At the bottom, there is a free download for working on your testimony from your mission trip! That is our free gift to you and we hope it helps you process everything well.
What often happens to people on mission trips
Mission trips are amazing in that they simply deliver on what they promise. These trips offer perspective, adventure, real confrontation with your comfort zones, and lots of intense emotion.
People don’t realize it as things are happening, but your world is being tipped upside down. Everything you’ve known to be normal and comfortable isn’t the case where you are now. This can make it hard to process what is happening on a trip.
Outside of the mind-bending things you encounter such as customs, food, lifestyles, and quality of life, some things make more of an impact.
The wonderful people you meet
You see people. What’s more, is that you meet and talk with people. You play with their children. You see their homes and their paths to work or play. You see their poverty and their ingenuity in hardship.
It is sort of like going on a first date. You are sitting in front of people learning all about their lives. Some of it brings joy to your hearts. Other things make you want to cry or change their situation right then and there. That is the promise of meeting all sorts of different people; you will see things you never hoped or imagined.
All in all, it is hard to know exactly what to expect going in. Especially if you go on the mission trip with the right motives, you will be in prime condition to get wrecked in all the awfully great and unpredictable ways.
Coming off of the trip it’s hard to share this with people who didn’t see what you saw. Isn’t it difficult to relate emotion the first time you encounter it? Like a 12-year-old flustering from seeing their crush but they don’t know what is happening to them.
But you can think through every aspect of the trip, in prayer, and come up with a pretty stellar way of conveying what you saw, did, and felt! This fact makes this process a lot better because I hope you know that even for introverts or emotionally closed-off people (myself included), you can share a moving story that inspires people and sets you up for a life of impacting people.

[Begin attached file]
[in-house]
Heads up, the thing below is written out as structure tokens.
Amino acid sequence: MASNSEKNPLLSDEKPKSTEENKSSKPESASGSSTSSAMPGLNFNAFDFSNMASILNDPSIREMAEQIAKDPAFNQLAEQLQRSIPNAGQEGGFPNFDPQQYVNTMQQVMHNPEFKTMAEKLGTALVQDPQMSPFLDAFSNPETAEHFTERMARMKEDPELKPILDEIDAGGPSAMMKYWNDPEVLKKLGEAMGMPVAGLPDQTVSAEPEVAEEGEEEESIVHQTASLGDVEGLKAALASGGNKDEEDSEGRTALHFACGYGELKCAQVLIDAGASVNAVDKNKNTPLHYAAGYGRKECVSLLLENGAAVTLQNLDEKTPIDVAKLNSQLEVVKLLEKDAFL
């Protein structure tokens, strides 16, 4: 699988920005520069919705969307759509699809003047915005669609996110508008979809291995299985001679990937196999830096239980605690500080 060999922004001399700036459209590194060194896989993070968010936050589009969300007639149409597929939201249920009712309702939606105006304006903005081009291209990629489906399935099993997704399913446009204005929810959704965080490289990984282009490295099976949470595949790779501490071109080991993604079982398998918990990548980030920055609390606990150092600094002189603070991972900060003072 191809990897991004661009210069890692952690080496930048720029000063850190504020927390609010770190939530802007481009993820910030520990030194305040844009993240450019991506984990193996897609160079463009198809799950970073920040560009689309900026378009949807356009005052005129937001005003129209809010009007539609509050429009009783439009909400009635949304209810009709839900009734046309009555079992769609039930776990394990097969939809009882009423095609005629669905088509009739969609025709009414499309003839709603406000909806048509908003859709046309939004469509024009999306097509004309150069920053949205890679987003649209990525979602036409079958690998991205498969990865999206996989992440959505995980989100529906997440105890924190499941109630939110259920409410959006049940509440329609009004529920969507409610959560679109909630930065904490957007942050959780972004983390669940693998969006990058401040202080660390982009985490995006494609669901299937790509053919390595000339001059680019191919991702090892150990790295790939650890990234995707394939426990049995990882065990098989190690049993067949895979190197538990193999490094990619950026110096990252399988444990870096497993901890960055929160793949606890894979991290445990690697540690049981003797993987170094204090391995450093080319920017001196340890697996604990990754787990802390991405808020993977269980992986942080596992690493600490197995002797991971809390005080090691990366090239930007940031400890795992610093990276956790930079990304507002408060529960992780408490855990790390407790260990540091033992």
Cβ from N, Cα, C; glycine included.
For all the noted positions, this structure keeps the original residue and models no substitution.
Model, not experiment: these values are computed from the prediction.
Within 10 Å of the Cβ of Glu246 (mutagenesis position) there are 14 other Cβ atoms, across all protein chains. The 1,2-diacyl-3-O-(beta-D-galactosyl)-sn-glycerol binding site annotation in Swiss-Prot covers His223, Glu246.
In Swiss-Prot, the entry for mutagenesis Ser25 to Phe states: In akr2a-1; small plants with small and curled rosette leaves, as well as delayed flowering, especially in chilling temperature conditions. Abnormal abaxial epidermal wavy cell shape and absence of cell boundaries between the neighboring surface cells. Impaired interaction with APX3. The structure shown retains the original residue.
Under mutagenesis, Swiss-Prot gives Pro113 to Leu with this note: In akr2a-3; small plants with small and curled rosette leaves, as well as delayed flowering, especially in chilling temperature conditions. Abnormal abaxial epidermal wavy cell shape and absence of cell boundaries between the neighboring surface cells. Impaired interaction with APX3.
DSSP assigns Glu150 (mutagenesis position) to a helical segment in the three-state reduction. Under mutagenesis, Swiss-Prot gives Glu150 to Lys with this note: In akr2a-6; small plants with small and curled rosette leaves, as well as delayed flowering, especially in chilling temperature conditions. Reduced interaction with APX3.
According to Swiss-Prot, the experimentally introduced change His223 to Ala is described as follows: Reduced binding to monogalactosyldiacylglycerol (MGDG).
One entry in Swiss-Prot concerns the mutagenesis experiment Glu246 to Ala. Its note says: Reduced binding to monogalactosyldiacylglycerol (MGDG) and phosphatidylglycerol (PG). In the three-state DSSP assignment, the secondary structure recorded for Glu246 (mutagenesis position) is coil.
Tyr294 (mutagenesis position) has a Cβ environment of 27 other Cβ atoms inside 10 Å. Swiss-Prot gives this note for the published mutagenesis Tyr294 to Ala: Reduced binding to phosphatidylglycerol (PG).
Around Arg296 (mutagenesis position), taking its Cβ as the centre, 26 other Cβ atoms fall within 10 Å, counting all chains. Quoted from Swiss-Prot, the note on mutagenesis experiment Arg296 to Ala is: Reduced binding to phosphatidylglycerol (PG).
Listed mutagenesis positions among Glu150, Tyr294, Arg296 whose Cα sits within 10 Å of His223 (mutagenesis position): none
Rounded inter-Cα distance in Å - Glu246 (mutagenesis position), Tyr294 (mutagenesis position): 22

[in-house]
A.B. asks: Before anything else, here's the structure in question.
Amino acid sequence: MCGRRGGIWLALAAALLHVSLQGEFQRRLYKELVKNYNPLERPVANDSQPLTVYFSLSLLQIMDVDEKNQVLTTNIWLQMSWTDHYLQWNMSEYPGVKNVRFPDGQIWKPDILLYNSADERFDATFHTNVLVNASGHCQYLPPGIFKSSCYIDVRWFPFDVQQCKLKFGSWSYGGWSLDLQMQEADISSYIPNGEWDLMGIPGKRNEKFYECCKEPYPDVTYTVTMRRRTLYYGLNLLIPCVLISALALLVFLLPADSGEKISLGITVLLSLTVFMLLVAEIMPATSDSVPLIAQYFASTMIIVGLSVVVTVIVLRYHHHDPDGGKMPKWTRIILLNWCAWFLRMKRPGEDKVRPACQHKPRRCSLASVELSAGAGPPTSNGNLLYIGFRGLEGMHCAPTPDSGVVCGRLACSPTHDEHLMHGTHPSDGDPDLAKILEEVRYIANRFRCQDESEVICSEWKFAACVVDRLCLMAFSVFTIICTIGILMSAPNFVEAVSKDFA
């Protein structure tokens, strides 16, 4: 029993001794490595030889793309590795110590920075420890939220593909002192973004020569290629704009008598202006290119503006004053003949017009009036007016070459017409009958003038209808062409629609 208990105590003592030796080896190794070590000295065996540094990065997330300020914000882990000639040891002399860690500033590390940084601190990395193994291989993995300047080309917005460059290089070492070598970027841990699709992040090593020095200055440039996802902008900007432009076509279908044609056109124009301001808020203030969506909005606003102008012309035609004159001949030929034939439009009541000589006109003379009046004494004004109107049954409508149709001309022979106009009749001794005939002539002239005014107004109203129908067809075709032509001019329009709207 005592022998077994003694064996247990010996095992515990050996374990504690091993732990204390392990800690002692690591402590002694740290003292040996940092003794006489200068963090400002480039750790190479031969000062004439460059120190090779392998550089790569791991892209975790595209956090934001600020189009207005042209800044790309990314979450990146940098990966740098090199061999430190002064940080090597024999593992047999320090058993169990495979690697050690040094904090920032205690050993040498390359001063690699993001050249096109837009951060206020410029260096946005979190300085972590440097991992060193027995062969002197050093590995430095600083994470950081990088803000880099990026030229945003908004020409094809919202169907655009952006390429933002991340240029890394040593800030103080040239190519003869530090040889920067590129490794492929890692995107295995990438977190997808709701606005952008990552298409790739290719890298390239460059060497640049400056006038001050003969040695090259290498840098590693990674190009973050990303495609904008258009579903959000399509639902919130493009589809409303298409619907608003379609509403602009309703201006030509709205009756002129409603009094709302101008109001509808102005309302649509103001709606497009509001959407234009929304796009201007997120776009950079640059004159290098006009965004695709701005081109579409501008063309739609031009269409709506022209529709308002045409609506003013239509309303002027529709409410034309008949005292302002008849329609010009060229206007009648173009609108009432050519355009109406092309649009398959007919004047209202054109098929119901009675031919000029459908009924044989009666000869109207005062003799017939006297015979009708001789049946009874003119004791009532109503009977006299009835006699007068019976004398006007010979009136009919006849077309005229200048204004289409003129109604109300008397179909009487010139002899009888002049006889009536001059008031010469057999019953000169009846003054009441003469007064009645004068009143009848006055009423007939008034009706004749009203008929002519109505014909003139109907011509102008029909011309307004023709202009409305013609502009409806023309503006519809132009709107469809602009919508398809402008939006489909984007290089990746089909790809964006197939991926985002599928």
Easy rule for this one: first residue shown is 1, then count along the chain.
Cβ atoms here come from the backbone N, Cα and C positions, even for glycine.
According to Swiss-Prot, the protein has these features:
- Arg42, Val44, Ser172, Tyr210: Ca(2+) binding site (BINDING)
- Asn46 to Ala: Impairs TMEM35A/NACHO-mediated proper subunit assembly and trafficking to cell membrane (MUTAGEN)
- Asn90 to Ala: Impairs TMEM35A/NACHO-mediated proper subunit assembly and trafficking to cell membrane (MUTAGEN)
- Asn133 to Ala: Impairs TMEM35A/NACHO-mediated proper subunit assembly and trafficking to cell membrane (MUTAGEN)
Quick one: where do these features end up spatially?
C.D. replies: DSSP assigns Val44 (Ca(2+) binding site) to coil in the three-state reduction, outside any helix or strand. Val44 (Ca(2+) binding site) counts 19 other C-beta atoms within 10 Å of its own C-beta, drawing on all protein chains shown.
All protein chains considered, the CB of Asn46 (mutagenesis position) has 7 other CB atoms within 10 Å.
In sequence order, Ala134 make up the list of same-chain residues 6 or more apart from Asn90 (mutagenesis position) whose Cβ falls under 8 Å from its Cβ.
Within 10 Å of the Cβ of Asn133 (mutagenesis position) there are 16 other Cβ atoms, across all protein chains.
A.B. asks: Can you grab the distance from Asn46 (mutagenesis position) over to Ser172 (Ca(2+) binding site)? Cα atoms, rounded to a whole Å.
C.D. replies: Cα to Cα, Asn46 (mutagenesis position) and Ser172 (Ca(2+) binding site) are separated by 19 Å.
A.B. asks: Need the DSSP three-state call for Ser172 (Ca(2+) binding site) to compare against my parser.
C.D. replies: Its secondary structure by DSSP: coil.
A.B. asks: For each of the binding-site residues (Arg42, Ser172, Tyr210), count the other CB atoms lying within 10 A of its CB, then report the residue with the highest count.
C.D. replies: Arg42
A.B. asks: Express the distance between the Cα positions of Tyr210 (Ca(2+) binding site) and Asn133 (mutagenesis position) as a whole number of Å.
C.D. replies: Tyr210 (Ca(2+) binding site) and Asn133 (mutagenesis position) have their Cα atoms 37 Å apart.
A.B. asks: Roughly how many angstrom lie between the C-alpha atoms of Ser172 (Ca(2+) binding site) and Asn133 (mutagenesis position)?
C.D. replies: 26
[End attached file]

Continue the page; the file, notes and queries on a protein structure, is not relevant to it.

Sharing your testimony isn’t about being a professional orator or knowing how to captivate a crowd. It is about being raw but thoughtful about your experience. That is the most moving thing that you could do.
What is a testimony
A Christian testimony is an explanation of the benefits you’ve seen from God in a particular situation.
When you think about your mission trip images, thoughts, and memories flood your mind, most likely. You have a lot that you could say about your trips. Now, when you think about the life change you had from it and distilled that down into something easy to communicate, that is a testimony.
The need for telling people after the trip
When you come back from a trip you will inevitably share your experience. It can be hard to know what to share. But why share it at all? Well, people love you and have supported you on this journey so it is fair to share with them. Also, there will be things you just want to share.
People will ask
You were gone for 10 days and it is reasonable that people want to know where you’ve been. Others knew you were on the trip and wanted to go themselves but couldn’t; so they will want to hear all.
Other people supported you at fundraisers and some relatives that sent a check in the last month before your trip. They invested in your cause and took on your cause in a small way. So, they want to know what happened and how it changed you.
People at church are likely to want to hear all the cool stories of what you saw. Your non-Christian friends might be confused about why you went on the trip but might want all the exotic details.
The thing is, people are going to ask you about your trip. And it is hard to answer that honestly and without taking 17 days unless you have worked through it already. Downloading the worksheet below will help you answer all these people.
The steps for sharing your testimony
There are some simple steps that you can follow in coming up with what to share in your testimony. The important thing here is to start early and to work on it until you have fully processed it.
Lots of people have said that journaling or taking voice notes on the plane ride back is the best thing that they have done. You may have 5+ hours on that plane to jot it all down. And that is the best. The memories are raw in your head. If you can, journal every day of the trip so that you have notes to go back to and glean from.
Mission trips usually have memorable things at every corner, so it might be hard to remember every detail.
Explaining what happened on your trip
The first category of memories, emotions, and events you want to capture is ‘What happened on your trip’. These are the things that you are going to say that you did, saw, and experienced.